WORLD SUPERBIKE AND THE 888
In little over a year, Ducati’s 851 had gone from working concept to production motorcycle. Now the factory targeted the inaugural World Superbike championship as the perfect showcase for its new flagship model. No other major motorcycle company has relied so heavily on racing success for sales as Ducati. So much was hanging on this first season of Superbike. Early in 1988 it manufactured 300 of the 851 Stradas with a heady price tag of $25,000. It also quickly produced 200 racekitted versions to meet the series homologation requirements. In a time when four-cylinder engines housed in beam-alloy chassis seemed the only way forward, Ducati’s 851 was an oddity. It was the only bike on the grid with a V-twin engine and “birdcage” tubular steel frame. But Lucchinelli gave the 851 a win on debut at the series’ first round at Donington in April. After finishing second behind Bimota’s Davidtardozzi in Race One he took the chequered flag in Race Two ahead of eventual series winner Fred Merkel (RC30 Honda). Lucchinelli followed that up with another victory three rounds later at the A-ring in Austria. Despite these early wins, the factory only raced at selected rounds and finished fifth in both the riders and manufacturers’ points table. However, Lucchinelli’s racer never really was an 851. Ducati was quick to extract as much power as possible, boring it oversize to displace 888cc. It also used thinner bodywork, lighter frame tubing and weight-saving materials in the engine. Its wheels were 17in while the road-going 851 Strada ran 16in. Lucchinelli’s was the only competitive 851 Ducati in the first year of world Superbike, but that all changed in 1989. By now Lucchinelli had become team manager, with Cagiva GP racer Raymond Roche his main rider. Roche finished the season in third place with a total of five wins. Ducati ended up third in the manufacturers’ table, helped by fellow Lucchinelli team riders Baldassarre Monti and Massimo Broccoli, with Lucchinelli himself pulling on the leathers for a couple
of rounds to earn 13 valuable points. This time Ducati committed to attending the final far-flung two rounds at Oran Park in Australia and Manfield in New Zealand. Roche (888 Corsa/roche) finished fourth and second in Australia but was a DNF in both New Zealand races. Season 1990 was the breakthrough year for Ducati. Roche was joined by spectacular young Italian Giancarlo Falappa. The Frenchman went on to win the title while Falappa rode into 11th place and Ducati folklore with his lurid and fearless race technique. Roche’s series win came despite strong challenges from Yamaha, Honda and Kawasaki. Nevertheless, Ducati came within 13 points of beating Honda to the manufacturers’ title The factory had raised the stakes in 1990, releasing the first of the true race-replica Corsa range. Although nominally an 851, they displaced 888cc and featured race internals and stronger crankcases. The base model 851 gained a twin seat while over the next few years various limited editions of the Corsa or SP range brought more of the race technology trickling down to the buying public. Ducati’s superbike was now a viable option for racers around the world. However, many new owners struggled with the wide-ranging suspension and steering adjustments available while the engine also required intense maintenance. One issue that blighted the early racing success of the 851-888 racer was its fragile crankcases. Often they failed to last a full race weekend. Season 1991 was the start of Ducati’s decade of dominance. Doug Polen arrived with American super tuner Eraldo Ferracci in a satellite factory team and won the championship by a staggering 150 points. Roche finished second ahead of Kawasaki’s Rob Phillis. Ducati also won the manufacturers’ title by over 100 points, helped by five Ducati riders finishing in the top 10. It was a similar result in 1992 but when Polen was sent back to win the AMA title for Ducati in 1993, it lost the world championship but retained its manufacturers’ title. However, new signing Carl Fogarty had recorded 11 race wins on the ultimate development of the 851, now heavily developed into a 926cc powerhouse. By now even the production version of the Superbike was called an 888 (the SP4 of 1992 was the first Ducati to be officially called an 888). Time had moved on and the next chapter was about to be written.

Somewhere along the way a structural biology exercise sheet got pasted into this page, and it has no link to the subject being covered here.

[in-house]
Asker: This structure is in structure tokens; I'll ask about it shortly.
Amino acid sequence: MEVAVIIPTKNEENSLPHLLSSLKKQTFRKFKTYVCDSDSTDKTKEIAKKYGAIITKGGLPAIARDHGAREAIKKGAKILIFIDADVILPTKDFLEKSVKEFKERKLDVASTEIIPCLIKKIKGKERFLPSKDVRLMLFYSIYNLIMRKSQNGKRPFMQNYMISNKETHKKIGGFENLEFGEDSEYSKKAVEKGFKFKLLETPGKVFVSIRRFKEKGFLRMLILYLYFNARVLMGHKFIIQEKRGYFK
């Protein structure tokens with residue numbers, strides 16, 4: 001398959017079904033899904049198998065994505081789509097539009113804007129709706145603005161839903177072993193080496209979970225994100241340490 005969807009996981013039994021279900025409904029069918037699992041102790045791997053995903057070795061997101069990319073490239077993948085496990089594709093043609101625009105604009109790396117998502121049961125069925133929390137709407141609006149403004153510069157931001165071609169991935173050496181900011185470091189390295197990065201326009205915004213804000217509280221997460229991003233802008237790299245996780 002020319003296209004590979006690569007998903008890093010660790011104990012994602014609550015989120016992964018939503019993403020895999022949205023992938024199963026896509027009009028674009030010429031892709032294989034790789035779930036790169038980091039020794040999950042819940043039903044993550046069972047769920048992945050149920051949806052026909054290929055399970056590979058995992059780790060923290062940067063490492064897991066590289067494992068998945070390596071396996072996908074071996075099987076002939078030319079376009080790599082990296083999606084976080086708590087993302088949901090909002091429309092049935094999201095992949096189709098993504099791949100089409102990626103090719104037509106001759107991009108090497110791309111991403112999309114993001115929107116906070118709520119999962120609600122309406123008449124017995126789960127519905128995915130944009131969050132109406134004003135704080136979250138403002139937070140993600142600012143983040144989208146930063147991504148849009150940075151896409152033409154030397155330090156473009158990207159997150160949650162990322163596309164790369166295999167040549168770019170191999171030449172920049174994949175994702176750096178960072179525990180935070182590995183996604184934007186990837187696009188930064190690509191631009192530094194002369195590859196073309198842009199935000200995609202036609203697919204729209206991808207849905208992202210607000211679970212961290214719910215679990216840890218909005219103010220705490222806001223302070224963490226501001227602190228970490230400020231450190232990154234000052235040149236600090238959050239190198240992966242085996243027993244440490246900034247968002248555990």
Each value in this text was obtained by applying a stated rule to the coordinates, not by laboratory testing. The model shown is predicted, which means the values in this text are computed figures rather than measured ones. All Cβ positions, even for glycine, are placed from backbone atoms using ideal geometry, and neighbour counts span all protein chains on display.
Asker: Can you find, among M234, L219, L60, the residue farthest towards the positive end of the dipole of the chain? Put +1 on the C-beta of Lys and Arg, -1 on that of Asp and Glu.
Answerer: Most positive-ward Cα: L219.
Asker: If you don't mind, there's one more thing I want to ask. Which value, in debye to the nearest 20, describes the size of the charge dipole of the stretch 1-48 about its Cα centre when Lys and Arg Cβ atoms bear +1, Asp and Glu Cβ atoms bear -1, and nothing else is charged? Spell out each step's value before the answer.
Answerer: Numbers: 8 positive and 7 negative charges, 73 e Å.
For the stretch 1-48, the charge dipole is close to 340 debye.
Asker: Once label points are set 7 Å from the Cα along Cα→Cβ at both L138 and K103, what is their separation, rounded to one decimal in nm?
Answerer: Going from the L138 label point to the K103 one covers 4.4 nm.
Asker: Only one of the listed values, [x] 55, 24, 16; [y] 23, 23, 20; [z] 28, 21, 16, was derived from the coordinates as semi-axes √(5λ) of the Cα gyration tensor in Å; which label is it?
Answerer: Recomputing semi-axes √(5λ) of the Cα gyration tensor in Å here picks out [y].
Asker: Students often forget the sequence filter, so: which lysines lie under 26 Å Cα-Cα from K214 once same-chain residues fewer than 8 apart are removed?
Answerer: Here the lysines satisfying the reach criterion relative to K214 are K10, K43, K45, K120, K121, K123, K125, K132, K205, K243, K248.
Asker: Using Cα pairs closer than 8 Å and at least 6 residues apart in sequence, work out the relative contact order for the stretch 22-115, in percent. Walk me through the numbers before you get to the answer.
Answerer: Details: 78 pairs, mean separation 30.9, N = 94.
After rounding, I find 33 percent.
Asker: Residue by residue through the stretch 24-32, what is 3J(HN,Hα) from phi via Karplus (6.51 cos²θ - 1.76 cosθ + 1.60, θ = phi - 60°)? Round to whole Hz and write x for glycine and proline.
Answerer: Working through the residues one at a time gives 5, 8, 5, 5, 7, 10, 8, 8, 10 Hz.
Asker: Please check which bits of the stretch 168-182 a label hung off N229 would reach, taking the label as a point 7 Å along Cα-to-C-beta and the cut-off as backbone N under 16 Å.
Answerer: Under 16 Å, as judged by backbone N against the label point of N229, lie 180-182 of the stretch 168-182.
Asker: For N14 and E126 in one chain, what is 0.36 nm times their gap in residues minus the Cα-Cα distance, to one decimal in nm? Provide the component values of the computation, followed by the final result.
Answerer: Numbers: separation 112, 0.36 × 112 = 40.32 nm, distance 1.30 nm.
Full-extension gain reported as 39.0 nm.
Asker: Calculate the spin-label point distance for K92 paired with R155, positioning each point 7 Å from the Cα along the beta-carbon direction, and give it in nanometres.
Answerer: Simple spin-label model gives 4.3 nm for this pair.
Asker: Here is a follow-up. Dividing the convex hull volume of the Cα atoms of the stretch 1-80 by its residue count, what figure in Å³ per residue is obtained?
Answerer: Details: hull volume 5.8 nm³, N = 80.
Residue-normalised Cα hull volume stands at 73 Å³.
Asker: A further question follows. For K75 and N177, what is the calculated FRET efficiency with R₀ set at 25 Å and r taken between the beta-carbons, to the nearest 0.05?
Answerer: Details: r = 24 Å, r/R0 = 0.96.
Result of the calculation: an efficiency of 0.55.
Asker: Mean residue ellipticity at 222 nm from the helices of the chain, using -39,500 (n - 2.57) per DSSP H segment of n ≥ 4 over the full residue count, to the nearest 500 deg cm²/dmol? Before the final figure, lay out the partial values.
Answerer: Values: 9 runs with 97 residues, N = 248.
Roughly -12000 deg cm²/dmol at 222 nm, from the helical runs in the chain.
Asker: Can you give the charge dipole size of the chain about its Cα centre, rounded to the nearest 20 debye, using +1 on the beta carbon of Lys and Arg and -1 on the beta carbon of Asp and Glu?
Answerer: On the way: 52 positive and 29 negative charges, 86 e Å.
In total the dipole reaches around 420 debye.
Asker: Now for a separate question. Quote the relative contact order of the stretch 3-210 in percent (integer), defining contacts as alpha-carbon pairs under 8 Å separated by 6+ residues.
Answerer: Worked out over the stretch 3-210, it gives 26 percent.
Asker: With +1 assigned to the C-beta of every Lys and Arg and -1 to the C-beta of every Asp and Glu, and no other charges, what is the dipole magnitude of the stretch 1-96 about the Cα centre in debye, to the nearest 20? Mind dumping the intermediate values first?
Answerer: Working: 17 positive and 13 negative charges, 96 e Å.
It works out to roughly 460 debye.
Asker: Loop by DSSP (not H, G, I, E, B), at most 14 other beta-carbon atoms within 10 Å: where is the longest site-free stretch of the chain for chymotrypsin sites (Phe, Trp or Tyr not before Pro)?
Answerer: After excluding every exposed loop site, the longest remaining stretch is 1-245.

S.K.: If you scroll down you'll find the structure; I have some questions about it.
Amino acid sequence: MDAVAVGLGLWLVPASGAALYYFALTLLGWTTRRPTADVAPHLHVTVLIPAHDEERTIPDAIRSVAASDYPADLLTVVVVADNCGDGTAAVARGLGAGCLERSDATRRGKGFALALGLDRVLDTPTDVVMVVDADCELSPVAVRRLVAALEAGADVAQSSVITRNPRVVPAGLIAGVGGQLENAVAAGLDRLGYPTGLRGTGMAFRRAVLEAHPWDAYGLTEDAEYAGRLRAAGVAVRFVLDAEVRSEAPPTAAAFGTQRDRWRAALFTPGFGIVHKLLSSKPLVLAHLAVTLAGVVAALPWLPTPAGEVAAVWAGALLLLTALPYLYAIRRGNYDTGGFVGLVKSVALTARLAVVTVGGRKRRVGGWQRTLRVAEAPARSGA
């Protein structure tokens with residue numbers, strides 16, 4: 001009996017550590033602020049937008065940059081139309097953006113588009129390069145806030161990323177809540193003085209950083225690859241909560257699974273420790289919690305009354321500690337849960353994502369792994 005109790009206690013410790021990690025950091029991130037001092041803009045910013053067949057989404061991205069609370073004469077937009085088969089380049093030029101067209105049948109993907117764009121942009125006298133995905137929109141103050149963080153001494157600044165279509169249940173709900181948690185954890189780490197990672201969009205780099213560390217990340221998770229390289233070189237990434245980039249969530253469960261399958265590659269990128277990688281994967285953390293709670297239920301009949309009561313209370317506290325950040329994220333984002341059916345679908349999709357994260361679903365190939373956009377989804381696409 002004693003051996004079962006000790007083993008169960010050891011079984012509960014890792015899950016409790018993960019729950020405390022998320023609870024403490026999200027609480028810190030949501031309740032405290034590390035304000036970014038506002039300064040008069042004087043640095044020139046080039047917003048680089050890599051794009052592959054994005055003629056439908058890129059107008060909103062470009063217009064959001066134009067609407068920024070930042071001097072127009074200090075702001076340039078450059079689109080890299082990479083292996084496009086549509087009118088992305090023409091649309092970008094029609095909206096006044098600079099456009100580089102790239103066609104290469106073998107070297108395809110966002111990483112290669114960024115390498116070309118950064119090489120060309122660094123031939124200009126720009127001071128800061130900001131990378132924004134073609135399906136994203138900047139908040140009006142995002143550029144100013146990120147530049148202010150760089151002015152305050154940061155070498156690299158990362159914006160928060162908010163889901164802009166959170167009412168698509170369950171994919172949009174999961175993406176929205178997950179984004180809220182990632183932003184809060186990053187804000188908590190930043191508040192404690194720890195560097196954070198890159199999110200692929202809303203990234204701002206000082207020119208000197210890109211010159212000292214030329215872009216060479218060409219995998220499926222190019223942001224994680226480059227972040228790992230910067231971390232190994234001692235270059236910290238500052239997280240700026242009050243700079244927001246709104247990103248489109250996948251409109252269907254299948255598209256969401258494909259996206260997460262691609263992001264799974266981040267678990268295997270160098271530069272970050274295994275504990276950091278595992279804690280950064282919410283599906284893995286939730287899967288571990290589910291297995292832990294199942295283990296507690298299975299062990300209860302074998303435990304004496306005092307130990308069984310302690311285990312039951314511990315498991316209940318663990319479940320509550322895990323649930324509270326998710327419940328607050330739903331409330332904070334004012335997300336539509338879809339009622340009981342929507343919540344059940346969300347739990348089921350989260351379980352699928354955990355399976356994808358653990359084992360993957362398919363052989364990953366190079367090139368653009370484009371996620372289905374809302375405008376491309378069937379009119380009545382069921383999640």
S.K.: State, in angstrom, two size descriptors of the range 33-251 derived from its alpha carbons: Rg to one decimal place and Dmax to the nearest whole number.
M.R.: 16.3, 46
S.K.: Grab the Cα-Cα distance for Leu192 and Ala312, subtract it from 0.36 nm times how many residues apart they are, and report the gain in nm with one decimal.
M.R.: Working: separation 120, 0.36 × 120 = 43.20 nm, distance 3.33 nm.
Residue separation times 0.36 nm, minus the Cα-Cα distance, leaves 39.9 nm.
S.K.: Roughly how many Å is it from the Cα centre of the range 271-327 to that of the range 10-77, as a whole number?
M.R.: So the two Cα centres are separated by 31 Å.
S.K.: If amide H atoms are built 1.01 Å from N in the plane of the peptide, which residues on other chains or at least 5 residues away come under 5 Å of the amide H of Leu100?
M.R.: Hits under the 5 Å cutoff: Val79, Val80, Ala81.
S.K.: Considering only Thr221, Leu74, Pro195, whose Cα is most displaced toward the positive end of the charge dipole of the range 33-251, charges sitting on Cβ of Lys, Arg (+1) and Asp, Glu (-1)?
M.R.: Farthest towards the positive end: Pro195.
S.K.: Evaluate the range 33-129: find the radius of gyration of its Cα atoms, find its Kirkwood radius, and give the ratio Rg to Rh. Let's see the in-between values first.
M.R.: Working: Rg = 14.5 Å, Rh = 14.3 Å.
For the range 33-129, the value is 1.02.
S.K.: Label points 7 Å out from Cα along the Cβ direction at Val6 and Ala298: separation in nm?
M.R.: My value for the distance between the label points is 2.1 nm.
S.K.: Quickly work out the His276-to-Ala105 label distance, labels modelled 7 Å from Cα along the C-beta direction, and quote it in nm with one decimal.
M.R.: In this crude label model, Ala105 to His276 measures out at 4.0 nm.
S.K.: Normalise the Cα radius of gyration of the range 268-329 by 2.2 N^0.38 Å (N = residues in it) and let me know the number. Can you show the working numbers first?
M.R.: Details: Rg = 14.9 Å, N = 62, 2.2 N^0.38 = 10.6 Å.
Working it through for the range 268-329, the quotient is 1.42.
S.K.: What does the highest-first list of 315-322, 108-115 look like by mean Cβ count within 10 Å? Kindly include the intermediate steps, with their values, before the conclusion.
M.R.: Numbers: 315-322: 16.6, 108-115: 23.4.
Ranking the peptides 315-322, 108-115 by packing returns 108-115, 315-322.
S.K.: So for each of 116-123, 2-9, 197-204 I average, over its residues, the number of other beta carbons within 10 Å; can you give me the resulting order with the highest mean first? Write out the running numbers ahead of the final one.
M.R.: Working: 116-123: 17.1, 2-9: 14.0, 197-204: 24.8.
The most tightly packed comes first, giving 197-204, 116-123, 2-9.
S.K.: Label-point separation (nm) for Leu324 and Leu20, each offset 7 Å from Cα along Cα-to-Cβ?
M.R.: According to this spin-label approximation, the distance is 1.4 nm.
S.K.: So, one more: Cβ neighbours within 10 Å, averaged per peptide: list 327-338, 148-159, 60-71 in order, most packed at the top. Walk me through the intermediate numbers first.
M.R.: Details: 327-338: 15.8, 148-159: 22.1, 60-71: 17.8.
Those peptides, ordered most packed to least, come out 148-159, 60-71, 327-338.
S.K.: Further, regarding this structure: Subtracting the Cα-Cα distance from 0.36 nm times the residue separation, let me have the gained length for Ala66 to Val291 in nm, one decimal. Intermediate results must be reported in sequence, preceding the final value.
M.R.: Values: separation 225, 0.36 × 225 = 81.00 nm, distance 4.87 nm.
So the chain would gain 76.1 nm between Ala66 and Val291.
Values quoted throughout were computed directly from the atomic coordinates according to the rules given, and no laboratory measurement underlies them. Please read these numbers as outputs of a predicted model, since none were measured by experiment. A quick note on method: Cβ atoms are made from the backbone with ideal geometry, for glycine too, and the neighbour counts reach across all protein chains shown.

Raymond Roche in action on the 888.